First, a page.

Severe ME Day of Understanding and Remembrance: Aug. 8, 2017
Determined to paper the Internet with articles about ME, Jody Smith brings some additional focus to Severe Myalgic Encephalomyelitis Day of Understanding and Remembrance on Aug. 8, 2017 ...
Discuss the article on the Forums.

AfME: New report: specialist NHS services for M.E. in the UK

Discussion in 'General ME/CFS News' started by AndyPR, Jul 26, 2017.

  1. AndyPR

    AndyPR Senior Member

    Reporting, not recommending.
  2. AndyPR

    AndyPR Senior Member

    Is it? I've just looked down the list of recent threads and there doesn't seem to be anything that matches this. This is something AfME posted on the FB feed today, not their report from a week or so ago (or whenever their previous one was), might you be thinking of that older one?
  3. Invisible Woman

    Invisible Woman Senior Member

    To be honest I have very mixed feelings about this - I am severely affected and given the current offerings I would rather be left alone to cope as best I can.

    Naturally, I understand that there are others who need medical support for day to day living. I'm just not sure that this is likely to bring them closer to getting the right support just now.
    TiredSam, Skycloud, Jan and 12 others like this.
  4. slysaint

    slysaint Senior Member

  5. Esther12

    Esther12 Senior Member

    Good for things like this to have their own thread imo. Personally, I'd much rather be without the current 'specialst CFS services'.
  6. AndyPR

    AndyPR Senior Member

  7. Jonathan Edwards

    Jonathan Edwards "Gibberish"

    It says:
    • work with policy-makers and NHS organisations to develop and implement a method to collect data on M.E. prevalence and clinical pathways
    • work with health professionals, other M.E. organisations and people affected by M.E. to explore how we can develop a national blueprint for appropriate, patient-led specialist M.E. services that meet the needs of people with M.E.

    ME prevalence is known well enough for this purpose. There is no way to be precise about it so a repeat would be a waste of time.
    There are no clinical pathways for which we have an evidence base of efficacy so why bother to collect data on them? Clinical pathways are for people who cannot think. If you can think you do what you think is most likely to be best in the circumstances.
    How do you develop a national blueprint for what is appropriate without evidence?
    What are patient-led services?

    I am afraid this sounds like empty burospeak.
    Except the last sentence, which is fair enough!
  8. Hutan

    Hutan Senior Member

    New Zealand

    Everyone working in health care professions can think. Some can think better than others, maybe because of intrinsic intelligence or because they have had enough sleep or because they aren't distracted by a personal crisis. Some have more time than others; some have more experience than others; some have kept up to date with the latest medical advances better than others; some have more curiosity and compassion than others and so make the time to think.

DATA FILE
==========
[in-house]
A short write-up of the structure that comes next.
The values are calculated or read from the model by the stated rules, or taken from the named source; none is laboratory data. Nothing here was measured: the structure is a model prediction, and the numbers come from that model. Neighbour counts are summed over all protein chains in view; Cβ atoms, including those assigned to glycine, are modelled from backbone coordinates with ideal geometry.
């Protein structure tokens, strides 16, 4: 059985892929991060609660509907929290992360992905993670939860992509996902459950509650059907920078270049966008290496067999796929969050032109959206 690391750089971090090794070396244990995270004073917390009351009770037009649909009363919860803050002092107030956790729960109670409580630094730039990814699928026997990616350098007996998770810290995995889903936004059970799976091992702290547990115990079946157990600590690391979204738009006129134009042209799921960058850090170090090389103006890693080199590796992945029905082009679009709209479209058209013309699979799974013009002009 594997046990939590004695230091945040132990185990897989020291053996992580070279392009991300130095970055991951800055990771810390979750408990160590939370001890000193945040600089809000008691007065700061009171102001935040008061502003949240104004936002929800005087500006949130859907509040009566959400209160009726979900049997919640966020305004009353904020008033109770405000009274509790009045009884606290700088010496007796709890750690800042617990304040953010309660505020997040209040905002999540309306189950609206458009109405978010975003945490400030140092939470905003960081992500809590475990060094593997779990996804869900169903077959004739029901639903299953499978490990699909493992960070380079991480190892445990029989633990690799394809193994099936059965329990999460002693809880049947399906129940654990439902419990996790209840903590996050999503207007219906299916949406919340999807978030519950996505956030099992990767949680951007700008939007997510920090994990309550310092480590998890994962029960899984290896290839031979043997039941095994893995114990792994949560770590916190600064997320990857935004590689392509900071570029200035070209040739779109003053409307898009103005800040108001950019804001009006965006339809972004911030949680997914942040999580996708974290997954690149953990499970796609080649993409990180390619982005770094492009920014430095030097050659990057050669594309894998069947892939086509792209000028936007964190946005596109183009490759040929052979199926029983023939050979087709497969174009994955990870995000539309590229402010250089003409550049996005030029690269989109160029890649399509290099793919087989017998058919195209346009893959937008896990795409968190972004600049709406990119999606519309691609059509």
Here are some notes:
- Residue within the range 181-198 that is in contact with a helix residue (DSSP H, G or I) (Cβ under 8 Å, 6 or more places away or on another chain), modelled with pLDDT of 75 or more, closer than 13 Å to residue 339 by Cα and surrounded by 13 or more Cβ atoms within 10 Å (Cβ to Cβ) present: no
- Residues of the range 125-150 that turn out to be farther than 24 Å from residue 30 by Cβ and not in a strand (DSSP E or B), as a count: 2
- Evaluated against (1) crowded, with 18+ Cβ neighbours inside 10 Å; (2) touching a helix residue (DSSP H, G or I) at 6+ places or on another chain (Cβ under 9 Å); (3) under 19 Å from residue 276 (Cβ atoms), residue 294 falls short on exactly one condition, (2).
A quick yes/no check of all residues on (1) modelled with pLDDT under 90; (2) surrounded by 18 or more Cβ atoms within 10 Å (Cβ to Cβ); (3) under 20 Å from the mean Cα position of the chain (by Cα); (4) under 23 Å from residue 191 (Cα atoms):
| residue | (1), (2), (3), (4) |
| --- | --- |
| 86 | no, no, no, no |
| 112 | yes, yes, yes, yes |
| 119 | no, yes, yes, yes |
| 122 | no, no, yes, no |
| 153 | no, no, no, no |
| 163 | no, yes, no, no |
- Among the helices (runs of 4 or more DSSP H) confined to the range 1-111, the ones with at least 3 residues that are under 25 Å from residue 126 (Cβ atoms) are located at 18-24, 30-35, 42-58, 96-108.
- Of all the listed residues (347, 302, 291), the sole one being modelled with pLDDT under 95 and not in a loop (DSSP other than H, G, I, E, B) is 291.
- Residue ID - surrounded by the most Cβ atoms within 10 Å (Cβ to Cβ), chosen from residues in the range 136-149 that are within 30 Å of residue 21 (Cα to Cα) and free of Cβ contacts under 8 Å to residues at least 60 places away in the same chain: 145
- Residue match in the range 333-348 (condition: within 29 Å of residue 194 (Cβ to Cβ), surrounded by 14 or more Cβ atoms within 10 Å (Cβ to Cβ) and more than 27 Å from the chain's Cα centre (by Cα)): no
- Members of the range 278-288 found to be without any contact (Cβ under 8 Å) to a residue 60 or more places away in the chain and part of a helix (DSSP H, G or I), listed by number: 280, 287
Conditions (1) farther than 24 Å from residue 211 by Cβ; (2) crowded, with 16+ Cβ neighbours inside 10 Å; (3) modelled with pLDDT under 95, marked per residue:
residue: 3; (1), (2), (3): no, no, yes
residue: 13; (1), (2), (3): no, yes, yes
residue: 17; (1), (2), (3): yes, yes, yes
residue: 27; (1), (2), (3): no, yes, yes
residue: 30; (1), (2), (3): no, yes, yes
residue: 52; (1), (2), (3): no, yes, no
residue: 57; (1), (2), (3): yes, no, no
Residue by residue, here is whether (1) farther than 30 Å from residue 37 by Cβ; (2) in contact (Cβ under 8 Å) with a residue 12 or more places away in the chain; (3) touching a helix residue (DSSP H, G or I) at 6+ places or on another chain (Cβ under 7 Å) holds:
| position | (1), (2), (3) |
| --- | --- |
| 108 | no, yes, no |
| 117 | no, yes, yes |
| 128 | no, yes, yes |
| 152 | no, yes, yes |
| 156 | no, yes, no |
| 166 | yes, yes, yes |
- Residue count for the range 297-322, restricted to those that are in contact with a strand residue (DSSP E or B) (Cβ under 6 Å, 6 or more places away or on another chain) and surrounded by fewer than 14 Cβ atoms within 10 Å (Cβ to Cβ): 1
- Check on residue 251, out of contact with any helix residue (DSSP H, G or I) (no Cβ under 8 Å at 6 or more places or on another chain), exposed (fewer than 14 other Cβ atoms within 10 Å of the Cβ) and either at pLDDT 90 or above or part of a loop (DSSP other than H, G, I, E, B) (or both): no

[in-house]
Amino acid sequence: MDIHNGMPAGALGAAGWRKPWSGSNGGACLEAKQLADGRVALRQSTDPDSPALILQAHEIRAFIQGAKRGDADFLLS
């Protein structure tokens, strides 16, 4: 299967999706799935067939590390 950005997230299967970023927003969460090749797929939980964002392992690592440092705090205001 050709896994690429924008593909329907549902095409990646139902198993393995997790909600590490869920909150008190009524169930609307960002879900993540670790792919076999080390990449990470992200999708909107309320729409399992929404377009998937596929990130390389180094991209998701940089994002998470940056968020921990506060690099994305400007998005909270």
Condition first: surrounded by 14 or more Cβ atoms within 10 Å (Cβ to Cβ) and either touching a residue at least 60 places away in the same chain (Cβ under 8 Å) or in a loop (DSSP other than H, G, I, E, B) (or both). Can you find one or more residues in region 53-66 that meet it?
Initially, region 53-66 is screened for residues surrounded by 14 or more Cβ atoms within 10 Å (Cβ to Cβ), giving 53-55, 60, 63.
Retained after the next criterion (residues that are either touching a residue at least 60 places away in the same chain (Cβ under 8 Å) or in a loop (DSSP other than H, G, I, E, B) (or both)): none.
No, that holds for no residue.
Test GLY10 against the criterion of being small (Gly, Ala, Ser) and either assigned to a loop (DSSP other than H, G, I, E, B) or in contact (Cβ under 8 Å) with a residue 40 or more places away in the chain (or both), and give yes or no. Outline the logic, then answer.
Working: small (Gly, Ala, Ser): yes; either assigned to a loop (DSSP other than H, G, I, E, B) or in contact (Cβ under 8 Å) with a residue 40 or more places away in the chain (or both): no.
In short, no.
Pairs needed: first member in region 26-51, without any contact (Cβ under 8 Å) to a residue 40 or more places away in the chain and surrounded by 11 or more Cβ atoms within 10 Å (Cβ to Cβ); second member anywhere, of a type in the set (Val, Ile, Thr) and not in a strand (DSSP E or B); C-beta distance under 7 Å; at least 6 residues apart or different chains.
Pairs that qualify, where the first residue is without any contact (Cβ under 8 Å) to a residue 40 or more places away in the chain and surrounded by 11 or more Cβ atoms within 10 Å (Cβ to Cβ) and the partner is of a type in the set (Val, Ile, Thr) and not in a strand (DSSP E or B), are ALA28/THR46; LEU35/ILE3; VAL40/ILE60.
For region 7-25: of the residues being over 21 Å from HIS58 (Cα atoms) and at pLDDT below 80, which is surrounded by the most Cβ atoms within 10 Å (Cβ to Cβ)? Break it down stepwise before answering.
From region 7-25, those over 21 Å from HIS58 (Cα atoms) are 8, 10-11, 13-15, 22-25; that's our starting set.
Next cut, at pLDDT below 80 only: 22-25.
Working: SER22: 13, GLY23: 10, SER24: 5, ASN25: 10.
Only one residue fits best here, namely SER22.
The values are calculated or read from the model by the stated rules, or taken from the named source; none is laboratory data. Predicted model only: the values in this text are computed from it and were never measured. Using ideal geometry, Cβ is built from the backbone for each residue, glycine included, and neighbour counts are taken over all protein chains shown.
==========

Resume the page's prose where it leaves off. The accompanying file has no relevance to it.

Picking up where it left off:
Clinical pathways, standard operating procedures, whatever they are called, do have a use. Done well, they consolidate what is known into procedures that are a very good start to ensuring a patient gets good care. Of course, they are particularly important for staff who don't have a lot of training or experience in the condition they are faced with. But studies have found that even experienced teams can improve the care they provide by using standardised checklists and procedures (obviously with the ability to consciously deviate from them when needed).

    They are a way of communicating the combined wisdom of the medical profession so that patients don't have to suffer while each staff member moves through a learning curve for each medical condition.

    I can imagine a national blueprint for the care of people suspected to have ME based on what is known right now that would be very useful. I expect you can too.

    It would include things like
    • comprehensive screening for other illnesses at diagnosis;
    • liaison with schools, employers and social welfare;
    • providing validation and compassion;
    • provision of information on management (e.g. pacing, not GET)
    • treatment of symptoms like orthostatic intolerance;
    • management of the severely ill (e.g. home visits; feeding tubes; requirements for dark and quiet when in hospital).
    • links to useful documents like the paediatric primer by Rowe et al.
    Whether Action for ME are the people to drive such a national blueprint is another question. But useful things could be done to improve care and change attitudes, even though there are currently no effective treatments.

    Even just the process of trying to create such a national blueprint could be useful.
    Last edited: Jul 26, 2017

See more popular forum discussions.

Share This Page